The overall mortality was 5% in the study population in which the CARM risk predictor was developed. The overall mortality in this patient cohort is high and it is worth noting that patients had already been streamed (selected) as requiring in-patient admission as direct admission from GP or via the emergency department. Thus, the pre-test probability of mortality is different to original study population; yet, the CARM risk predictor still performs reasonably well in this population.

Our study has several limitations. This study provides a snapshot of the use of CARM in a hospital over a short period and the extent to which our findings generalise to patients over a longer time period and to other wards and hospitals require further study. Although CARM is designed to be automated, we note that for 26% of patients were unable to derive the CARM score because of no or incomplete blood test results and the most frequent missing blood test result was albumin. Although we adopted a median imputation strategy, the extent to which this is acceptable in routine clinical practice remains unknown especially as this imputation strategy is biased towards survivors and so will underestimate the true risk of dying for those who are likely to die. So further study is required to understand the issue of missing blood test results and how to address it in routine clinical practice. One possibility is that there may be an unintended increase in the use of blood test results in patients where blood test would not ordinarily be undertaken to simply provide a CARM score. Crucially, how the medical decision-making process is modified by the availably or CARM and the extent to which it enhances situational awareness and subsequently enhances the quality of care without adverse unintended consequences remains to be seen.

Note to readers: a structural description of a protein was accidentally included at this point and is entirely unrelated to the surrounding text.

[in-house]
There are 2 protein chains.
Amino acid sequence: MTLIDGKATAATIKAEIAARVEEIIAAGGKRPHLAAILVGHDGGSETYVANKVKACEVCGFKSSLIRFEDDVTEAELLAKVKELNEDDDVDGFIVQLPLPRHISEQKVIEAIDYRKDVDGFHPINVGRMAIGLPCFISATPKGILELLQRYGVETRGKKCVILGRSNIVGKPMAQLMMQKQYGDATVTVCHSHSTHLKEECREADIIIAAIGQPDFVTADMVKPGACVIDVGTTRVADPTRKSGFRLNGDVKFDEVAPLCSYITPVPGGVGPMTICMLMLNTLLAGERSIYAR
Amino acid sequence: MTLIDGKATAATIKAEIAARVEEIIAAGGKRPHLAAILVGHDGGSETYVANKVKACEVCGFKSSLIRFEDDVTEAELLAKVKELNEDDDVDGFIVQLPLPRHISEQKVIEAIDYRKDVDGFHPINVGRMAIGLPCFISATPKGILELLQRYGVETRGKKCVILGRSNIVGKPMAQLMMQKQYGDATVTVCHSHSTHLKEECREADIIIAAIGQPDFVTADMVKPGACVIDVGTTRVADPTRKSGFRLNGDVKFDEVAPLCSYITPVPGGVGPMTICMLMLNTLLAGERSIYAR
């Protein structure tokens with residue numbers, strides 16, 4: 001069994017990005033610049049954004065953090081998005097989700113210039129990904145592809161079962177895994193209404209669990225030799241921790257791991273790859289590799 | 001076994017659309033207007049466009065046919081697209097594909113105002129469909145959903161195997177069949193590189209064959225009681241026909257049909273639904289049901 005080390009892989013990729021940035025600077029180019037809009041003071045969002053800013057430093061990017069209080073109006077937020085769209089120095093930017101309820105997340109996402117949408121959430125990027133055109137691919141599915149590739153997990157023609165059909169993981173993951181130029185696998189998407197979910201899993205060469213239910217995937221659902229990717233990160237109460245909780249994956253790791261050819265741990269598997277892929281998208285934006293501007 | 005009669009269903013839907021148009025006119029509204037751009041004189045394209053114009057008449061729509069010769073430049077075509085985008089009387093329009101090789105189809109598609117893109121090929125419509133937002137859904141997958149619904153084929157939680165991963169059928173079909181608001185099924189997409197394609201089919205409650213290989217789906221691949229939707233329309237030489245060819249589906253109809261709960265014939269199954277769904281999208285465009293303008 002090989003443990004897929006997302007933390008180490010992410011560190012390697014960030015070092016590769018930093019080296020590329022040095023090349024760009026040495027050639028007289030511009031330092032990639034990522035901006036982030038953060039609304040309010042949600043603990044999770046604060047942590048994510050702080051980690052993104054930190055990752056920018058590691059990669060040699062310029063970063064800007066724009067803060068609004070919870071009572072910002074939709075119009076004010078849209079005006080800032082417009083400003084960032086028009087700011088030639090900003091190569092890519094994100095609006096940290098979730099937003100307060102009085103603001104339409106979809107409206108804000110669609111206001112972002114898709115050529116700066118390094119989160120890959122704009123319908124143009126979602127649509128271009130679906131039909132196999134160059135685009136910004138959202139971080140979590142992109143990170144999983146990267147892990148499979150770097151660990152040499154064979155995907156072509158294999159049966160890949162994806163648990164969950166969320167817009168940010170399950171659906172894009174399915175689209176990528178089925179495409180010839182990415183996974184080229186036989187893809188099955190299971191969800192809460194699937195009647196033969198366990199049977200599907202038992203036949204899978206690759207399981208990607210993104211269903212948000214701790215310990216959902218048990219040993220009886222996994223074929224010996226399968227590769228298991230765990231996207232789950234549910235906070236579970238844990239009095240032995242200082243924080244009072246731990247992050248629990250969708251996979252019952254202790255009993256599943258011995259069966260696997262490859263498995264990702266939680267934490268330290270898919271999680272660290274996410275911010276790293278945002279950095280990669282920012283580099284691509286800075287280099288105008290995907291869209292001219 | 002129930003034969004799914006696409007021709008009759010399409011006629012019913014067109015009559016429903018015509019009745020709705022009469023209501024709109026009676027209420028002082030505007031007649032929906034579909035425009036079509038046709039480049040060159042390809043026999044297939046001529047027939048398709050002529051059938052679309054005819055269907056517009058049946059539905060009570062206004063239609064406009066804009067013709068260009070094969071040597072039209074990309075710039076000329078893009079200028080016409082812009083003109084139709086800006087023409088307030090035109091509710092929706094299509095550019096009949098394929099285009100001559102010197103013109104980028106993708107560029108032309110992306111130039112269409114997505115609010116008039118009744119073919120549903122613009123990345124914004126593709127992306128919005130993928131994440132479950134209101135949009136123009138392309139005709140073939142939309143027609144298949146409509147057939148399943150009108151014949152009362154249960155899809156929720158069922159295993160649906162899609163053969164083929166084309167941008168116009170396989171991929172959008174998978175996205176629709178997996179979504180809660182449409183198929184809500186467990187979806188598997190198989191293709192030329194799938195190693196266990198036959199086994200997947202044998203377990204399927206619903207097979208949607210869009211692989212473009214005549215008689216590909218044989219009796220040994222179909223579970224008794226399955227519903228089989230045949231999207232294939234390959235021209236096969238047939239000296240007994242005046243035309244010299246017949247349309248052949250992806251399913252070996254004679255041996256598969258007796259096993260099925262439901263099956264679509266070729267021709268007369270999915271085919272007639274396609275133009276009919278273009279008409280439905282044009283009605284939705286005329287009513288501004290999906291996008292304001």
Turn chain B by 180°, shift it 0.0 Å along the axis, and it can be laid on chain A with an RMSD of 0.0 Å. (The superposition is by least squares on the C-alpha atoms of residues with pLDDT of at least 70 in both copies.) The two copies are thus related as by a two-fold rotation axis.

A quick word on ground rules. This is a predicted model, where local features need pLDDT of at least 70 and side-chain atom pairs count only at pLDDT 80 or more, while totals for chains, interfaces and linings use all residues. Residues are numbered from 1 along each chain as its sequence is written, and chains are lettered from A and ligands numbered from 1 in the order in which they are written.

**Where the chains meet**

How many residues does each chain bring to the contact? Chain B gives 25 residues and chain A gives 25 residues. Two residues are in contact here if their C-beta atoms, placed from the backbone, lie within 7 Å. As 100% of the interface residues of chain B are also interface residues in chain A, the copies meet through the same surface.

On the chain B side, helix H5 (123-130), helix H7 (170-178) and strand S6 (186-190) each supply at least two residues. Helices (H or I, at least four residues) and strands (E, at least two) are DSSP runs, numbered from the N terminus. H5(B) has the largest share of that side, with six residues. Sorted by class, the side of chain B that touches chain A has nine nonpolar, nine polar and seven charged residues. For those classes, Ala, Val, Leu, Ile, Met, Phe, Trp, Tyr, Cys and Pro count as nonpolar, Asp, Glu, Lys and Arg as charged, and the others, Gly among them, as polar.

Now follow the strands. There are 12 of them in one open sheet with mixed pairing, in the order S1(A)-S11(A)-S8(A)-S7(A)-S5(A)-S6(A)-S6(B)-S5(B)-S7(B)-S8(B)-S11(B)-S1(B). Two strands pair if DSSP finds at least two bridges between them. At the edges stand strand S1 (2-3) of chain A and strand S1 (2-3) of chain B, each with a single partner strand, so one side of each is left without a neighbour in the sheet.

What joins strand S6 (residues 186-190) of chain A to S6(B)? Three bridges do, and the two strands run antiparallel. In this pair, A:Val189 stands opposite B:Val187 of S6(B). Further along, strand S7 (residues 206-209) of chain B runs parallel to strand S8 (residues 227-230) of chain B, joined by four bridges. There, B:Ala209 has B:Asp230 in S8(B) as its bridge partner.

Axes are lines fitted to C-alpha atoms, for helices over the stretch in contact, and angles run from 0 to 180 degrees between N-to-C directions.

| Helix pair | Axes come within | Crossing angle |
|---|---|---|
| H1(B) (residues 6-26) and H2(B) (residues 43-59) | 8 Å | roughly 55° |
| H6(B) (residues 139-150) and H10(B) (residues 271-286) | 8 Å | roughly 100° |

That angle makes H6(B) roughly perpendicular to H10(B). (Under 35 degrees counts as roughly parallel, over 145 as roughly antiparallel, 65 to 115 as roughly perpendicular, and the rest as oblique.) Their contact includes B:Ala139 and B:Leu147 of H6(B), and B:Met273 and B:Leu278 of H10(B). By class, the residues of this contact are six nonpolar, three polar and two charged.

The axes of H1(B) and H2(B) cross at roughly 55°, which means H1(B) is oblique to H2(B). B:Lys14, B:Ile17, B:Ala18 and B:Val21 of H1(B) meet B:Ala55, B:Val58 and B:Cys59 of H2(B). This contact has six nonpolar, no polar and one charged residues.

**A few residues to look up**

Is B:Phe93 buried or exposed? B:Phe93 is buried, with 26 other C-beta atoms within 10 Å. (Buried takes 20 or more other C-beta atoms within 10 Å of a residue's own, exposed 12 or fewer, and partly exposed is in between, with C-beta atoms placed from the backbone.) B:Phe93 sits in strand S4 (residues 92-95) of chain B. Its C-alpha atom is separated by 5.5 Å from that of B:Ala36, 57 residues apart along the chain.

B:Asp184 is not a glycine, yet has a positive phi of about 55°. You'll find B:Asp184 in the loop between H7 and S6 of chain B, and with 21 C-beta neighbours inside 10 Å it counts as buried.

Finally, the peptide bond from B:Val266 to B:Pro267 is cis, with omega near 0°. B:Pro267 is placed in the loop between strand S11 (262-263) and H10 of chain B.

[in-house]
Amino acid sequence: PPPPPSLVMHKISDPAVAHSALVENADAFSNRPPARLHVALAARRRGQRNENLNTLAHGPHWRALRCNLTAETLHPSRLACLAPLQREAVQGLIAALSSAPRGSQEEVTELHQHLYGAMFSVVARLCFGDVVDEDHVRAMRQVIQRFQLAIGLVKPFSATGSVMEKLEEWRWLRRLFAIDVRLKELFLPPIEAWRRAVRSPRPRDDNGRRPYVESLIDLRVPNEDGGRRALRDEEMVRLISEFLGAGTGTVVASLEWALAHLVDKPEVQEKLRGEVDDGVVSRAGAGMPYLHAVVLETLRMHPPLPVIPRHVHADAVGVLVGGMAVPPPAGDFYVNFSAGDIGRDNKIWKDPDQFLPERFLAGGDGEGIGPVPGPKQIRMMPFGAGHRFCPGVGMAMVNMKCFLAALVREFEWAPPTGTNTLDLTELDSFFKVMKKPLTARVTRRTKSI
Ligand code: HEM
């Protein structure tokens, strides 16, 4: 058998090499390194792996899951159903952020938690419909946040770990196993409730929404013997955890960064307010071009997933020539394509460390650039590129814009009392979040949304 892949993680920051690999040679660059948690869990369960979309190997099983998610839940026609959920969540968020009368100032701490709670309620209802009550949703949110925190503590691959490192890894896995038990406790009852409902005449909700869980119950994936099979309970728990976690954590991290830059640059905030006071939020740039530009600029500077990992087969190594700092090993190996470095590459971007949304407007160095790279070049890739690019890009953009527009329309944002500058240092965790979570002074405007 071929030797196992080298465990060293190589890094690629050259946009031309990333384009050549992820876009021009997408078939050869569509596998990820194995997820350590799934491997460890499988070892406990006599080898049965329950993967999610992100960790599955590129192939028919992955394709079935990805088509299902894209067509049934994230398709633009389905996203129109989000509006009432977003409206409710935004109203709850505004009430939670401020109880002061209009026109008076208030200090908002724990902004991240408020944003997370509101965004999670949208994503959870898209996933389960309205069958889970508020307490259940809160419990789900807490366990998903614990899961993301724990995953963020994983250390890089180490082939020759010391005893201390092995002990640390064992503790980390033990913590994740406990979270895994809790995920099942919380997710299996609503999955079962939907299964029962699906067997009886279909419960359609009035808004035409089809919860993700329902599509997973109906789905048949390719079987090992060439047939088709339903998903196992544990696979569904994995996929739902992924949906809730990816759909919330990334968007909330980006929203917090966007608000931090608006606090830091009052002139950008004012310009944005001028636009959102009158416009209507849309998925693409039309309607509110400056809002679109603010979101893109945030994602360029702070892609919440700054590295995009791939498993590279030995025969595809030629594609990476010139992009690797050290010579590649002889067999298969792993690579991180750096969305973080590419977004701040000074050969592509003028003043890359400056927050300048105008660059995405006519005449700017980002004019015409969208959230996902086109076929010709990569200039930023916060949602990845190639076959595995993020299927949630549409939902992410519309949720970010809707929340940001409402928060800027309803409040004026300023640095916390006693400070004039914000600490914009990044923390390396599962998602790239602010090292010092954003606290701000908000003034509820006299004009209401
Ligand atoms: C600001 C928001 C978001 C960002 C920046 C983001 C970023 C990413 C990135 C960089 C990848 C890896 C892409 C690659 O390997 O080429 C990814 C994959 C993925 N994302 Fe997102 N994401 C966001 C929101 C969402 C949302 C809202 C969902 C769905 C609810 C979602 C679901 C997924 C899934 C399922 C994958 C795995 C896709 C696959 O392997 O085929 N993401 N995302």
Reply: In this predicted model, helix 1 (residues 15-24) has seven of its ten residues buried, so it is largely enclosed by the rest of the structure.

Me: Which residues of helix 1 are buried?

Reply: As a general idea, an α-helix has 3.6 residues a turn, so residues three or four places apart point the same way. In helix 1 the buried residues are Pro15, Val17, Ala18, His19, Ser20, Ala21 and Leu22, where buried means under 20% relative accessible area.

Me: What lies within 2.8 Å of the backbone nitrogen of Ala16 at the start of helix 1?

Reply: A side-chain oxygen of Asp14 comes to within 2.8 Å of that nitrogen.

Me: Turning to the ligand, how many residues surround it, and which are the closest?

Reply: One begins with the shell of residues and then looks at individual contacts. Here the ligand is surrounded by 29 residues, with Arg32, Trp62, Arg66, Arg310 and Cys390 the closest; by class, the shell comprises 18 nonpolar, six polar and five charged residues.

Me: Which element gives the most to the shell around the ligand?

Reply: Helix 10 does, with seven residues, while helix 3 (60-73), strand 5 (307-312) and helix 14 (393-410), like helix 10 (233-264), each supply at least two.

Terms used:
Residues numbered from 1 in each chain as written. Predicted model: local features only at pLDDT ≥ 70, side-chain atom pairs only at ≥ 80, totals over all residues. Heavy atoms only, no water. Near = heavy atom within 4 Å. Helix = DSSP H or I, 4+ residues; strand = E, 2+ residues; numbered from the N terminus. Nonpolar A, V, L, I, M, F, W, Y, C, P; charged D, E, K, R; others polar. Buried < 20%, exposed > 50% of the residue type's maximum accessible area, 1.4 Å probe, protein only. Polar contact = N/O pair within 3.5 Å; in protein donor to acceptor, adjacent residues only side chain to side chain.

Conclusions

CARM is comparable with medical judgements in predicting in-hospital mortality following emergency admission to an elderly care ward. CARM may have a promising role in supporting medical judgements in determining the patient’s risk of death in hospital. Further evaluation of CARM in routine practice is required.

References

  1. 1.
  2. 2.
  3. 3.
  4. 4.
  5. 5.
  6. 6.
  7. 7.
  8. 8.
  9. 9.
  10. 10.
  11. 11.
  12. 12.
  13. 13.
  14. 14.
  15. 15.
  16. 16.
  17. 17.
  18. 18.
  19. 19.
  20. 20.
  21. 21.
View Abstract

Footnotes

  • Contributors MM and DR had the original idea for this work. MF undertook the statistical analyses with guidance from AS and MAM. DR gave a clinical perspective. MF and BK wrote the first draft of this paper. SI, RD, DH, AC, JA, RH, SK, GM, KG and MH contributed to data collection and all authors subsequently assisted in redrafting and have approved the final version. MM will act as guarantor.

  • Funding This research was supported by the Health Foundation. The Health Foundation is an independent charity working to improve the quality of health care in the UK. This research was supported by the National Institute for Health Research (NIHR) Yorkshire and Humberside Patient Safety Translational Research Centre (NIHR YHPSTRC).

  • Disclaimer The views expressed in this article are those of the author(s) and not necessarily those of the NHS, the NIHR, or the Department of Health and Social Care.

  • Competing interests None declared.

  • Provenance and peer review Not commissioned; externally peer reviewed.

  • Data sharing statement Our data sharing agreement with the York hospital does not permit us to share this data with other parties. Nonetheless, if anyone is interested in the data, then they should contact the R&D offices at York hospital in the first instance.

  • Patient consent for publication Not required.

Request Permissions

If you wish to reuse any or all of this article please use the link below which will take you to the Copyright Clearance Center’s RightsLink service. You will be able to get a quick price and instant permission to reuse the content in many different ways.